To be fair, there is one remaining probable botanical link between Easter Island and South America: The sweet potato (Ipomoea batatas). It was present on the island when Roggeveen arrived in 1722 and Heyerdahl believed that it came directly from South America (though he also admitted it might have come from the Marquesas). But even if it reached eastern Polynesia from the New World, this would in no way imply any direct contact between Easter Island and the mainland. We simply don’t know for certain how and where the plant was introduced to Oceania from South America, if that is indeed what happened. Ethno-botanist Douglas Yen speculates that it may have been carried to central east Polynesia somewhere between the 3rd and 8th centuries of the current era, and was widely dispersed from there. In 1989 Patrick Kirch discovered carbonized pieces of sweet potato in the Tangatatau Rock shelter on Mangaia Island (in the Cook Islands, east central Pacific), which were identified by archaeobotanist Jon Hather and radiocarbon dated to around 1000 ce. This proves the existence of the sweet potato in Polynesia going as far back as a thousand years.

But regardless of what kind of contact may have occurred, it seems nearly impossible to imagine a Polynesian/Peruvian contact in which the sweet potato was carried across the Pacific but not the staple of much of the whole South American continent: maize, which is much more easily stored, preserved, and transported.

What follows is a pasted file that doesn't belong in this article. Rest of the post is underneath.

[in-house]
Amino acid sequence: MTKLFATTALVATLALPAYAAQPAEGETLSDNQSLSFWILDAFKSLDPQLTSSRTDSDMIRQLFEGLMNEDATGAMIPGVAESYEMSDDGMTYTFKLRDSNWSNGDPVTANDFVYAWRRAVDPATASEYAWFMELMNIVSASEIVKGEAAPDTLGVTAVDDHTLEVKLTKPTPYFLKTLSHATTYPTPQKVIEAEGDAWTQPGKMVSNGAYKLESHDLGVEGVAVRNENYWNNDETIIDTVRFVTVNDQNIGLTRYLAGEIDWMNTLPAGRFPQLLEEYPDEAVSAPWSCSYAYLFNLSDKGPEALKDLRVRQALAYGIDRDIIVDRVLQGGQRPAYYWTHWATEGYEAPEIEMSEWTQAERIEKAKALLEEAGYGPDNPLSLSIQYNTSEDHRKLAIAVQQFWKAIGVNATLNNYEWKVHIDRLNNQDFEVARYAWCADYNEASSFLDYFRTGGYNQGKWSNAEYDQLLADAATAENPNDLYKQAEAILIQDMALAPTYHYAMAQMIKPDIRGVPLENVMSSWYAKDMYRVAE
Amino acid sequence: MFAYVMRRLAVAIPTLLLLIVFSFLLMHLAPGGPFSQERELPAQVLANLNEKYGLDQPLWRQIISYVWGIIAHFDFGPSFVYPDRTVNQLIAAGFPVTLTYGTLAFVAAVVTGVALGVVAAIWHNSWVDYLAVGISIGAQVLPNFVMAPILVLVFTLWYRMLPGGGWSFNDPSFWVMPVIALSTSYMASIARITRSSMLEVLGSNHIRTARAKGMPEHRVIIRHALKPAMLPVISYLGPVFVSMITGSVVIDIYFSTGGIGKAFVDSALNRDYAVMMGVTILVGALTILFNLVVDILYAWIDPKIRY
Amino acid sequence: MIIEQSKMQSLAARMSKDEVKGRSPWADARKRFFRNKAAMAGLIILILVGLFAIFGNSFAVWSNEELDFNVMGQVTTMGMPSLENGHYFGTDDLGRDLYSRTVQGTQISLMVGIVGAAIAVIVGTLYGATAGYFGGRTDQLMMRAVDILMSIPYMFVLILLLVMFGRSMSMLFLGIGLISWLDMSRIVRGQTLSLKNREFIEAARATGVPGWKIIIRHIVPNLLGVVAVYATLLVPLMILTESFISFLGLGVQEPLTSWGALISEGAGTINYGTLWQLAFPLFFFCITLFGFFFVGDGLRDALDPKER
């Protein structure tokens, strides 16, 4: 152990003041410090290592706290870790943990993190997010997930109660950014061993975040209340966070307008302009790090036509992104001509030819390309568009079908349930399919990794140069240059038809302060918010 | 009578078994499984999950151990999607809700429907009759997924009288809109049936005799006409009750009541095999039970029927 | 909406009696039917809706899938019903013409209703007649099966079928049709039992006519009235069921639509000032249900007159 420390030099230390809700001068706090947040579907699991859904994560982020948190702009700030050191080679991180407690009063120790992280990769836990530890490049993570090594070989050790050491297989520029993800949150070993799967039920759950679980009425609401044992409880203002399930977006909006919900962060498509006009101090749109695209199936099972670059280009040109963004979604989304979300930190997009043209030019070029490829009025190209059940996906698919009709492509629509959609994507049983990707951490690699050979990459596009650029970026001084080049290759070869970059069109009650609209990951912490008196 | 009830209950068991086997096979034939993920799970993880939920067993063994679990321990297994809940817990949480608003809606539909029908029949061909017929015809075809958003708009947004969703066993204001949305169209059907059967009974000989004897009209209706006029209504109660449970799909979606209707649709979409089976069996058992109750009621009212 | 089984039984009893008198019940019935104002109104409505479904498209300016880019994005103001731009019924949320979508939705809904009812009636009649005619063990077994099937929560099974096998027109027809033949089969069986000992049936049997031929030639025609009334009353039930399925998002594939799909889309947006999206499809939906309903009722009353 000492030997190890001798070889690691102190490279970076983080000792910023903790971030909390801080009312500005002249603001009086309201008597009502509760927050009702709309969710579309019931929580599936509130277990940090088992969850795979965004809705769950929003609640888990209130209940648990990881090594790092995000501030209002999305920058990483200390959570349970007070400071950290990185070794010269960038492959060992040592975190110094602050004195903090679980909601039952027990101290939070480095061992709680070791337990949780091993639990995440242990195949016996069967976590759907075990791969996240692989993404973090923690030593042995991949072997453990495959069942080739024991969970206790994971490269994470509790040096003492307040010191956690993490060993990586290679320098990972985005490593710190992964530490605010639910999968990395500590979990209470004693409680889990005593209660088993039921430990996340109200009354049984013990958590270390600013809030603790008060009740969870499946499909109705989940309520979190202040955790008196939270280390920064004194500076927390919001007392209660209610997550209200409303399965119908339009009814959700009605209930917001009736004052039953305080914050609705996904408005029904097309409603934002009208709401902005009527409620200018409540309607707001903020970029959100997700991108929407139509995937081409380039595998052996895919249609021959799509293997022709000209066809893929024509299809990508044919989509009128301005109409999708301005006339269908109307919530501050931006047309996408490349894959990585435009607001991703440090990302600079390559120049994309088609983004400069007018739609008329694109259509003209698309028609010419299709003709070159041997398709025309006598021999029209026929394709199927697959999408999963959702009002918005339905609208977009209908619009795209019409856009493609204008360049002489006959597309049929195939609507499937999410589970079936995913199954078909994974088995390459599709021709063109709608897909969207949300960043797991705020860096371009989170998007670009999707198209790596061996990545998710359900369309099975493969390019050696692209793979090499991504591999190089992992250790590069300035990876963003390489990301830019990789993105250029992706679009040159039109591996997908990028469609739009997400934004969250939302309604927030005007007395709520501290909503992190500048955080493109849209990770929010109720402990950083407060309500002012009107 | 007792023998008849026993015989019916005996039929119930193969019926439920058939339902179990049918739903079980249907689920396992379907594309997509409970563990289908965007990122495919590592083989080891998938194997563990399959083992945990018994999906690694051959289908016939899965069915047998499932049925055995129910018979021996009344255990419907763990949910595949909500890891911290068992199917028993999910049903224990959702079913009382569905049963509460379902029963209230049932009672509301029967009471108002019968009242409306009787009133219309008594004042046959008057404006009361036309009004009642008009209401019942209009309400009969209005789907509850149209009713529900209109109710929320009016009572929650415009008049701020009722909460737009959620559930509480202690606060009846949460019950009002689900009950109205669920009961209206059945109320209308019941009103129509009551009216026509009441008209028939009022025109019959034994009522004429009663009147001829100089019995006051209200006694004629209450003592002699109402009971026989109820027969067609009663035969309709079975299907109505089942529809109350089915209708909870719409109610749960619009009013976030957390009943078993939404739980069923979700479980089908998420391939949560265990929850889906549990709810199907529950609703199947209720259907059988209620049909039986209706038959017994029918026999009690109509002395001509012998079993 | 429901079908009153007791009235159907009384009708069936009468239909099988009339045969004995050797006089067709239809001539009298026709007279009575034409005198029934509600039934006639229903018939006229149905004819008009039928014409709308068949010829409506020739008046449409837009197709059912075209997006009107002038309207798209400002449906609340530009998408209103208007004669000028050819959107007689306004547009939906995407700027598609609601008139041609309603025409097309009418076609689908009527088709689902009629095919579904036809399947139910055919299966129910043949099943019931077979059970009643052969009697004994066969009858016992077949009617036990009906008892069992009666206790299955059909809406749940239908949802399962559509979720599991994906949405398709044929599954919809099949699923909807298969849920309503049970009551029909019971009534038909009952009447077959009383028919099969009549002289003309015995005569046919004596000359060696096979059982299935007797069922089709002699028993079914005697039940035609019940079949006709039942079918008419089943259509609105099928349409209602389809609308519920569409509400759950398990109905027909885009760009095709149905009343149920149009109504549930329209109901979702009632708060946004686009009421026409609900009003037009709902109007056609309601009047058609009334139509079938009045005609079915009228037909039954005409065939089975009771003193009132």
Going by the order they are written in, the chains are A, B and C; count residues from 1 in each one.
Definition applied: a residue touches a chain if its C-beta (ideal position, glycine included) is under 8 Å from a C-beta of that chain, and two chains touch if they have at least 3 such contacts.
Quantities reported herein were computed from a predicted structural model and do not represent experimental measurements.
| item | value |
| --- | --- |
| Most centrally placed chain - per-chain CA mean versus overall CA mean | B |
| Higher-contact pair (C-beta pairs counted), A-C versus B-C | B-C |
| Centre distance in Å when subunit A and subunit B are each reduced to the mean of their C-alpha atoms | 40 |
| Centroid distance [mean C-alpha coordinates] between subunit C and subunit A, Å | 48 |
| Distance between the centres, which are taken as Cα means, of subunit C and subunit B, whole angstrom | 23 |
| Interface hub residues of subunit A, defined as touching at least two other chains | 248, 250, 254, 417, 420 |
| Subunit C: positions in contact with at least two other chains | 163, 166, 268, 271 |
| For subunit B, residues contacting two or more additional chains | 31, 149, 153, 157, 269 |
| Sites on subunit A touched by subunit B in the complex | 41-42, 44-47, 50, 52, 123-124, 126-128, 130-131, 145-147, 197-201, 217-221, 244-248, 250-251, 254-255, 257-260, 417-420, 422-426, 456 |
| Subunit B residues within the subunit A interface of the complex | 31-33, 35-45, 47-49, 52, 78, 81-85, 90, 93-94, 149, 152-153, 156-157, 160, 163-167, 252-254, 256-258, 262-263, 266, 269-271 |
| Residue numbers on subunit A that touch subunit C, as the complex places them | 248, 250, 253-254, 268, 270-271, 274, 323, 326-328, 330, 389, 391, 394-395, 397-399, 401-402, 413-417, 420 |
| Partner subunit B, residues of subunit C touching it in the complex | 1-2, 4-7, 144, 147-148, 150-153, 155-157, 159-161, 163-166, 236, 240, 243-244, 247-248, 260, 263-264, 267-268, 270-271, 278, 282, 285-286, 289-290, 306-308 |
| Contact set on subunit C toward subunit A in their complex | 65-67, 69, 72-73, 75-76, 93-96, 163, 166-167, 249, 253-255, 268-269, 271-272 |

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Q. How extensive is the DNA or blood typing research to date on the subject of the Polynesian origin of Easter Island?

A. Quite extensive. In addition to research derived from the examination of bones from burial sites on Easter Island, geneticist Erika Hagelberg’s has published numerous studies, involving hundreds of samples from different locations in Asia and the Pacific — on mtDNA, y-chromosome, HLA, and phylogenetic analyses — with results that consistently substantiate the conclusion that Easter Islanders are descendants of people from eastern Polynesia (which is also borne out in tracing the cultural evolution of their ancestors traveling eastward across the Pacific.

Thor Heyerdahl actually did blood-type frequency experiments, but what he either didn’t know or didn’t care about is the fact that very disparate races may have similar blood-type frequencies, so the results of his experiments weren’t very useful. Robert Suggs (in his book Island Civilizations of Polynesia) relates a story about how Heyerdahl attempted to bolster his theory by conducting blood-type analysis on "pure" Polynesians and those whom he believed may have had some European admixture. One "pure-blooded" Polynesian woman on Nuka Hiva actually turned out to be fractionally Polynesian because her father was half-Marquesan, as was her mother! This attests to how both the limitations of early technology and Heyerdahl’s quest to find evidence to support his claims influence the accuracy of works published by him and by those who rely on his research.

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Q. Is it really true that islanders were kidnapped and taken as slaves to the guano mines of Peru?